In this signal collection of works clearly culled from the writer's heart, recollecting emotions in Wordsworthian stance, in moments made tranquil by the mood and methods of poetic creation, Sally Pfoutz writes of family, pets, people meditated on and moments frozen in time, such as the reactions of girls to intrusive, nettlesome boys:
We collect slights like sparkling dots
of mica we used to mine as kids
hoping to get rich, to buy a black
horse and gallop in tandem, away. ("Galloping")
In Pfoutz's world, moments indeed wear the impress of truth, as is true of Erin, subject of her own poem, looking upward:
When the moon nibbles
at the edge of the delicate sky,
you become the nester.
The one most chosen to be stranded with... ("Erin")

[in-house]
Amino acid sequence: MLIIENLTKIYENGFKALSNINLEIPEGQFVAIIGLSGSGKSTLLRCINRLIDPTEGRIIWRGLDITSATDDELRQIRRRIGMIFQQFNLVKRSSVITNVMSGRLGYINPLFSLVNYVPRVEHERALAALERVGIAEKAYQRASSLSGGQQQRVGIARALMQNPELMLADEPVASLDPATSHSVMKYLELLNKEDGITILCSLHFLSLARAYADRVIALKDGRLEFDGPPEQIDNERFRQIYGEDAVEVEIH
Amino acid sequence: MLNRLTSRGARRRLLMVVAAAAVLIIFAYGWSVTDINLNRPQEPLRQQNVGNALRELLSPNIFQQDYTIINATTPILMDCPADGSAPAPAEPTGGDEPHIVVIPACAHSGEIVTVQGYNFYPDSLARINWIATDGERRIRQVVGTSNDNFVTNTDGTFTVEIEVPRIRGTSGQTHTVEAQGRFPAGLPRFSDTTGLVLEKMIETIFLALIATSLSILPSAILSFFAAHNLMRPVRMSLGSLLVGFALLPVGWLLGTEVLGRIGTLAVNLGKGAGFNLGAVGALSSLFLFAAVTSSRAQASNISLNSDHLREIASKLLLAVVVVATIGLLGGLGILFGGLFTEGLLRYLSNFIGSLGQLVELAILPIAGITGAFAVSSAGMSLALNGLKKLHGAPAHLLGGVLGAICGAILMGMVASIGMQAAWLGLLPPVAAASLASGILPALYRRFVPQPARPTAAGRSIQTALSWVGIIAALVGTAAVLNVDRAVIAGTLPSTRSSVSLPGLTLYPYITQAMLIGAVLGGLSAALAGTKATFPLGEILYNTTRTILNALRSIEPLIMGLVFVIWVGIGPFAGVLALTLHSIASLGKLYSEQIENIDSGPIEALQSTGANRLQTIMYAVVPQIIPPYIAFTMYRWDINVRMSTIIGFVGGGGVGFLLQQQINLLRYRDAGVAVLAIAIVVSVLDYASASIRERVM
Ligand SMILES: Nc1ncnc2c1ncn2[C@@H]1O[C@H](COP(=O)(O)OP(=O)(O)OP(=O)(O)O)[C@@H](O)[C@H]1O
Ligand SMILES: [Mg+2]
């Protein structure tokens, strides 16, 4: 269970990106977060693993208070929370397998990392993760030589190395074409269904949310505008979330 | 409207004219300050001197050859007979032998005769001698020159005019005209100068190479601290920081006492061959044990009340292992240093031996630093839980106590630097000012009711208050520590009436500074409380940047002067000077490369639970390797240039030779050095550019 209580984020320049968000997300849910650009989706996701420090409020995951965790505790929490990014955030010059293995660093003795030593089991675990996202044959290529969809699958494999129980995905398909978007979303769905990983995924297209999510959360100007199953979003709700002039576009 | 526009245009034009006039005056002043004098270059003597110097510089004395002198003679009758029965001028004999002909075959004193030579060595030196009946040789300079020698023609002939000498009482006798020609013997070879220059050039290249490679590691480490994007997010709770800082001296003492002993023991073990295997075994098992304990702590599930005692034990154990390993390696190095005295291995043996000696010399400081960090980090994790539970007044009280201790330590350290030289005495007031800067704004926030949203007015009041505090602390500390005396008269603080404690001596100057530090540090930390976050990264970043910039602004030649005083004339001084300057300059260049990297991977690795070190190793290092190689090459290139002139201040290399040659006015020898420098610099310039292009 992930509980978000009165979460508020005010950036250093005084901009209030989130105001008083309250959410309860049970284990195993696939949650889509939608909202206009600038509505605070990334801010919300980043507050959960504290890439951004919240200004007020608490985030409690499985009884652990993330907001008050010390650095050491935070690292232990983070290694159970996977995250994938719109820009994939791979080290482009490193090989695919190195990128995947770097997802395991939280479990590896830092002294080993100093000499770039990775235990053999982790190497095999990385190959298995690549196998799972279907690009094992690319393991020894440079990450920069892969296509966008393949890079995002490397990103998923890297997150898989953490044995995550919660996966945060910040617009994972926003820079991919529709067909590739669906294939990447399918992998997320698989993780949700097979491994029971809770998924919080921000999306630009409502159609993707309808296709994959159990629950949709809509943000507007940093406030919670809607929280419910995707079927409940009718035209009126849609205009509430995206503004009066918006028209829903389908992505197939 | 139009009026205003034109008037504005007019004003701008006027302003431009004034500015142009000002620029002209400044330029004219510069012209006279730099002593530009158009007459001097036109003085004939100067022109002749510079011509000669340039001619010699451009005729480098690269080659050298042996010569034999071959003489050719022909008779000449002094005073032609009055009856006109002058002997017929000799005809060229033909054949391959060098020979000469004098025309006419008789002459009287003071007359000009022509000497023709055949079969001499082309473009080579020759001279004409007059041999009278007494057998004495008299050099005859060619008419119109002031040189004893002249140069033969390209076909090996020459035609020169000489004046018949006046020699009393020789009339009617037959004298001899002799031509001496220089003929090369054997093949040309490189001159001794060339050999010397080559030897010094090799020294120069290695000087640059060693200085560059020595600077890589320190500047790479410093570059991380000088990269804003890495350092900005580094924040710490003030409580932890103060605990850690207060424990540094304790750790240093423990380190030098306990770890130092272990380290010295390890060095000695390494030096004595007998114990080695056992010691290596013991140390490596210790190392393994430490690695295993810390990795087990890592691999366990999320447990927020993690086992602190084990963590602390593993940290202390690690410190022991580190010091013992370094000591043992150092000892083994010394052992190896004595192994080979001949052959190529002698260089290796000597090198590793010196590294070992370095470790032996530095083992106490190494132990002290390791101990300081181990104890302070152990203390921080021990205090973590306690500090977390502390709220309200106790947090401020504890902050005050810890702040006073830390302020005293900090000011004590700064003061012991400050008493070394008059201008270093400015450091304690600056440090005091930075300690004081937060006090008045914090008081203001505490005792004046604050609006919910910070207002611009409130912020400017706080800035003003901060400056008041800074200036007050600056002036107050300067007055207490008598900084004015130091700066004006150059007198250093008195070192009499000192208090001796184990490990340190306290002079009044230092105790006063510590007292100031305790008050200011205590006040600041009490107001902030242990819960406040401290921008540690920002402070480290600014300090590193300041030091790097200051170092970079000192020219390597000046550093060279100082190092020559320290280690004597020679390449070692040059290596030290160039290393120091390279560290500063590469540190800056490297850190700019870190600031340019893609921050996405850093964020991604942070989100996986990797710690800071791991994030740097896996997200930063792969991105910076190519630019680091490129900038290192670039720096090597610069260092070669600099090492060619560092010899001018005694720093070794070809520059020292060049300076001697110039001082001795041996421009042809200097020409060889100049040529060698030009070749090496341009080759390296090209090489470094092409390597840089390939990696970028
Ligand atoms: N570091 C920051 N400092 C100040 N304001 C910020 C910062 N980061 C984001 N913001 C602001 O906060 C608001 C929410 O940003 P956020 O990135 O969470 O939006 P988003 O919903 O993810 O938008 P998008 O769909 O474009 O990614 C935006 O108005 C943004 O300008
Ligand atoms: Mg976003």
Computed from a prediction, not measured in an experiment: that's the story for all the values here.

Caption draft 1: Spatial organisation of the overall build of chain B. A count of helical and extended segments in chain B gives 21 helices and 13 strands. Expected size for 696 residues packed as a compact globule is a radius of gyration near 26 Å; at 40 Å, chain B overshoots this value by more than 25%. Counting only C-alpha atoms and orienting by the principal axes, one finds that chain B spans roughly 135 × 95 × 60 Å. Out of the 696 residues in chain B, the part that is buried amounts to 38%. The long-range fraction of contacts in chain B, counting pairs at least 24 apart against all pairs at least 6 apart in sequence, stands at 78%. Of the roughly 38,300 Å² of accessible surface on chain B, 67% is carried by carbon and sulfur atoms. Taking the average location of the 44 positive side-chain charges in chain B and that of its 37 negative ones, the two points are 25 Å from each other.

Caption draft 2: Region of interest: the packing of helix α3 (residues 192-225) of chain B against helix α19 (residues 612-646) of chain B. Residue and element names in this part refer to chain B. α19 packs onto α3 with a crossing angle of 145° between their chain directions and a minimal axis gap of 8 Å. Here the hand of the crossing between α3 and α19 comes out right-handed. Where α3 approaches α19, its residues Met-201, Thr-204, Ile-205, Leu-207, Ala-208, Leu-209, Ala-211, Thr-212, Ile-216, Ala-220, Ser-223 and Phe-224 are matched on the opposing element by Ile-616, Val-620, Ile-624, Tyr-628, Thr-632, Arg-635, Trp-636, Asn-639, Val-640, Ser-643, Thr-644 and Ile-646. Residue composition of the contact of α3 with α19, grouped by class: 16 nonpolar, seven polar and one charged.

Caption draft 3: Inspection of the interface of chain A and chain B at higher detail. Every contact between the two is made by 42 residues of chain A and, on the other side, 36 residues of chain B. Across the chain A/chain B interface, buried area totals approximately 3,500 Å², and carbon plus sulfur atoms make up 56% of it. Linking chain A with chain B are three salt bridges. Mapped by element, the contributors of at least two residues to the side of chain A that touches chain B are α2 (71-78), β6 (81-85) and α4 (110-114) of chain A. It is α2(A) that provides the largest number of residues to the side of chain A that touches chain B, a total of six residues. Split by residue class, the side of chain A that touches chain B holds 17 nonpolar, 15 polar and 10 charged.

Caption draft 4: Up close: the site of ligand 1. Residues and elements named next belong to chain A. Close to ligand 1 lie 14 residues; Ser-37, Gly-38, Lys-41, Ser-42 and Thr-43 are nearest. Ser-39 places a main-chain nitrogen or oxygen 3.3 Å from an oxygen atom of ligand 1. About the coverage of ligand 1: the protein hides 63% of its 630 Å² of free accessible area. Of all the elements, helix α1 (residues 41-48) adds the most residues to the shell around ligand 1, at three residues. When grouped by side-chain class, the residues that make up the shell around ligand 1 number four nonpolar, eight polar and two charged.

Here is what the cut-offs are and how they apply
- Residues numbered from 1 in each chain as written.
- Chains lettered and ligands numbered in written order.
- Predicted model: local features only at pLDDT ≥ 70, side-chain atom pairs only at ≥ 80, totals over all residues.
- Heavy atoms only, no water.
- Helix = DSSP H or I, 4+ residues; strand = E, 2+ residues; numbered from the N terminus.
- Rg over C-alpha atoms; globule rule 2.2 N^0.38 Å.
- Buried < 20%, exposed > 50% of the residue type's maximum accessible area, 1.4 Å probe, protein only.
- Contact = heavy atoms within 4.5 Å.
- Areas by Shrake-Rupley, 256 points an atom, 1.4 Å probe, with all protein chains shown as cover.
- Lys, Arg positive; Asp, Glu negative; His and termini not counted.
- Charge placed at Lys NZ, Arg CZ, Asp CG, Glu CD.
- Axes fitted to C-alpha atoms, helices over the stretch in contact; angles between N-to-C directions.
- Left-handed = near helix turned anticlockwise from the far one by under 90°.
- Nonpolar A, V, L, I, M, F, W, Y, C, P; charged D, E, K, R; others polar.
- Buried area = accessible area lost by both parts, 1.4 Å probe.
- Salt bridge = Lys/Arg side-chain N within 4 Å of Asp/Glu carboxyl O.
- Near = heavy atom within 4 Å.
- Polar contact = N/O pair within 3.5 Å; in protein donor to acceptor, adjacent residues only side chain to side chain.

It is in suggestions of place and position such as this that Sally Pfoutz works magic with what might otherwise seem incidental, tangential to life, and easily lost. In such "found moments", says Pfoutz, we find our own lives, apart from others' views and the normative expectations that presage such typical experiences as life leads us to anticipate. Chock-full of original expressions and fresh, idiomatic imagery, these poems are breaths of fresh air in poetry's crowded arena, and worthy of the attention we can bring to them.